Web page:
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Josh Branchaud
Josh Branchaud

Posted on • Updated on <time datetime="2021-09-01T20:34:25Z" class="date-no-year">Sep 1</time>

Strong Confirmation Modal with XState

The UI element that I'm calling the Strong Confirmation Modal is a prompt to the user to doubly confirm a destructive action. I'll quickly discuss the idea behind this and then show how I implemented it with XState.

Strong Confirmation

"Yes, you clicked the delete button, but are you sure? Type the name of the thing you want to delete so that we can both be sure."

I've seen this UI element in plenty of places, but the one that stands out to me is GitHub's. Deleting a repository is definitely a destructive action and not one you'd like to do accidentally. Certainly not something you'd like your cat to be able to trigger by stepping on the keyboard. Here is what it looks like.

GitHub's confirmation modal for deleting a repository

You have to type the name of the repository you want to delete in order to enable the button that confirms the deletion. It seems like a small thing, but a UI element like this can go a long way in helping users avoid huge headaches.

An XState Implementation

Here is the codesandbox if you want to dive right in. Below I'll talk about some of the XState concepts and features that stand out to me.

Nested States

State machines are hierarchical. They can be made up of simple and composite states. Composite states have sub-states nested within them. (See the stately viz)

XState visualizer showing nested states

Nested states are a great way to represent those concepts that feel like they need multiple booleans. This machine has an open state which is composite. While the modal is open, the machine can be in different sub-states. If the input doesn't match the confirmation text, then it stays in {open: "idle"}. Once the input matches the confirmation text, the machine will transition to {open: "confirmable"}.

Validations

The piece of this machine that I found trickiest to implement was validation of the input. If the input matches some criteria, I want to move to some valid state. If the input doesn't match, then I need to stay in or move to the invalid state.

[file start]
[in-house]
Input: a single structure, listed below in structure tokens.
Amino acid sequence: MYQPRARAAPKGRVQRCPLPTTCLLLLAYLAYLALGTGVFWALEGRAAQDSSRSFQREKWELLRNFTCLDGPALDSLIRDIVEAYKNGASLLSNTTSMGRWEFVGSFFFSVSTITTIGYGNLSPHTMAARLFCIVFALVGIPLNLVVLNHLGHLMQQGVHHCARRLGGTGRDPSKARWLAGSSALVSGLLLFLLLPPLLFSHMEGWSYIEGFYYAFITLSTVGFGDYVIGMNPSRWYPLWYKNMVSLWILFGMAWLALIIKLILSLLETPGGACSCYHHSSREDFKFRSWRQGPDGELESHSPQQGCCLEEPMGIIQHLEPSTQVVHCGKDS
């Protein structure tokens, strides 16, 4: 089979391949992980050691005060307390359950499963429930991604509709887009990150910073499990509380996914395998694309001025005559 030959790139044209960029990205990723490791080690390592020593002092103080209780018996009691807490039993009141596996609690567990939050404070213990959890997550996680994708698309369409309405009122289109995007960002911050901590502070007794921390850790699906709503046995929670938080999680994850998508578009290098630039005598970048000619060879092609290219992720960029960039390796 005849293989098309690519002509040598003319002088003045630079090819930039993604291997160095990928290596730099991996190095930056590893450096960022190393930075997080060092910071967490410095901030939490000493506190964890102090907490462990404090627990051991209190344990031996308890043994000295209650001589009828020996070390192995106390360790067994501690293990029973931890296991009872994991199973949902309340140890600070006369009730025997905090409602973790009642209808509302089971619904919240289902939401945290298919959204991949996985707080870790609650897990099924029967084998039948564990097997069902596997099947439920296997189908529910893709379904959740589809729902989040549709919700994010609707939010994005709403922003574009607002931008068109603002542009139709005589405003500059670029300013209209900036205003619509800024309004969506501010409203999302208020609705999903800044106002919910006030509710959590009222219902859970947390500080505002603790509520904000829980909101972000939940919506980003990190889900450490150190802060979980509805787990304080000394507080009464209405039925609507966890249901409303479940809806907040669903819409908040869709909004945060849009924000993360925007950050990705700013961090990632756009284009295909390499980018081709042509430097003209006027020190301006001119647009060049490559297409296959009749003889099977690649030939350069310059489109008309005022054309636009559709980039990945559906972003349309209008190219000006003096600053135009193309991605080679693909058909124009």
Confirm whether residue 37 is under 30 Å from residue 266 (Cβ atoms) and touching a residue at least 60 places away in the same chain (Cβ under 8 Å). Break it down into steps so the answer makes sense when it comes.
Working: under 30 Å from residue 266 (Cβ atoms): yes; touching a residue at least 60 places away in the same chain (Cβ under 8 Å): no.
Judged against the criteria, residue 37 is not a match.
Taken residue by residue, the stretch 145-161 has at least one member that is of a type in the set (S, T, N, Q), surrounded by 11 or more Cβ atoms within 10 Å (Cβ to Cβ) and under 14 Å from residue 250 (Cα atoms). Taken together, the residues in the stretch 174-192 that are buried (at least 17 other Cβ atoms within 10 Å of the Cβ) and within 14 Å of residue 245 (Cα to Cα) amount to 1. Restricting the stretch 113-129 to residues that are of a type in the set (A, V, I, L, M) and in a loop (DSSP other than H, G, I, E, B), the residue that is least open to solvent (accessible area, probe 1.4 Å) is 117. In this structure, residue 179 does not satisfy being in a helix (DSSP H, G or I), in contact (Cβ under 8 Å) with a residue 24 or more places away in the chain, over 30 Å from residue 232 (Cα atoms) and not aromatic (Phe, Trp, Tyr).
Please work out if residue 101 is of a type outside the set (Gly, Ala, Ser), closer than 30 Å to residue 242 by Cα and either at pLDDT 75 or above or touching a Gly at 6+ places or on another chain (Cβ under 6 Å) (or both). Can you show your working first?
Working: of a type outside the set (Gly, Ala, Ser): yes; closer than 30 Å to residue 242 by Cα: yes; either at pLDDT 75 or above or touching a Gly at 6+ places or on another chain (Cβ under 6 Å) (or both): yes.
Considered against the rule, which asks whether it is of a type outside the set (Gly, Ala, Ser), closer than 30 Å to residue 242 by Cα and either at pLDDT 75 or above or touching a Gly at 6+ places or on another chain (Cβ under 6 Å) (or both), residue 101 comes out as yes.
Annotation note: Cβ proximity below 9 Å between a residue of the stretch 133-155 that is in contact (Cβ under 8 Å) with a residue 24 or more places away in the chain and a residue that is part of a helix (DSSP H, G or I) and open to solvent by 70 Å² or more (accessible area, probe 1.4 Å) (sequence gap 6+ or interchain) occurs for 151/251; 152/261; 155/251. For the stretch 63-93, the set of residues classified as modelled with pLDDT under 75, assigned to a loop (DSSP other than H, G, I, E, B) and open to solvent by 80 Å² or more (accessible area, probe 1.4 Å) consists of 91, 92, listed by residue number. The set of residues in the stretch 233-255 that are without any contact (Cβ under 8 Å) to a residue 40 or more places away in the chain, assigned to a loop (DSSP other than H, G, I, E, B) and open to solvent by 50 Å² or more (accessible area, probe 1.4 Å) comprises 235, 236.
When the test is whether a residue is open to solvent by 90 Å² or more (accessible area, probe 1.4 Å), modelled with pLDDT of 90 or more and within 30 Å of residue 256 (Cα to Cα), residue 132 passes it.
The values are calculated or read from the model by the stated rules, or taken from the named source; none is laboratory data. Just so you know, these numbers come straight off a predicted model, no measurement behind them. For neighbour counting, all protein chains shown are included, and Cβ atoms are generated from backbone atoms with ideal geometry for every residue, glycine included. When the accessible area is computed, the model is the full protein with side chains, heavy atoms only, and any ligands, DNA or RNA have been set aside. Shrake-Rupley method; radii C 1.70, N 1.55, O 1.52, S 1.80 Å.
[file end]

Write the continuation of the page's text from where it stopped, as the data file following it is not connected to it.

I achieved this with an invoked service.

{
  services: {
    checkInputConfirmText: (context) => (send) => {
      console.log("Checking input confirm text: ", context.inputConfirmText);

      if (context.doubleConfirmText === context.inputConfirmText) {
        send("REPORT_MATCHING");
      }
    }
  }
}
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An invoked service can send an event to the machine that invoked it which seemed like the perfect way to trigger the transition I needed. I also took advantage of the fact that an invoked service that exits cleanly will trigger an onDone action.

Each time this service is invoked, it will check the validation (do the two text strings match?) and then do one of two things.

  1. The validation doesn't pass, it exits, and the onDone internally self-transitions back to the idle state.

  2. The validation does pass, the REPORT_MATCHING event is sent, and the invoking machine transitions to the confirmable sub-state.

External Self-Transitions

The CHANGE event that is sent each time the modal's input value changes triggers an external self-transition to the idle state.

open: {
  exit: ["clearErrorMessage"],
  initial: "idle",
  on: {
    CANCEL: {
      target: "#closed"
    },
    CHANGE: {
      target: ".idle",
      internal: false,
      actions: "assignValueToContext"
    }
  },
  states: {
    idle: { /* ... */ },
    confirmable: { /* ... */ }
  }
}
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A transition of { target: ".idle" } would be an internal transition. That would prevent the validation service from being re-invoked. But I want that service to be invoked on each change, so I include internal: false in there to make it an external transition.

Conclusion

There are lots of other interesting bits going on in this machine beyond what I highlighted. It is worth taking some time to read through it and see what stands out.

Implementing a machine like this was fun because it had a real-world use and I learned a lot while figuring it out. I learned new things about XState and I was pushed to think differently about how to model the problem as a state machine.

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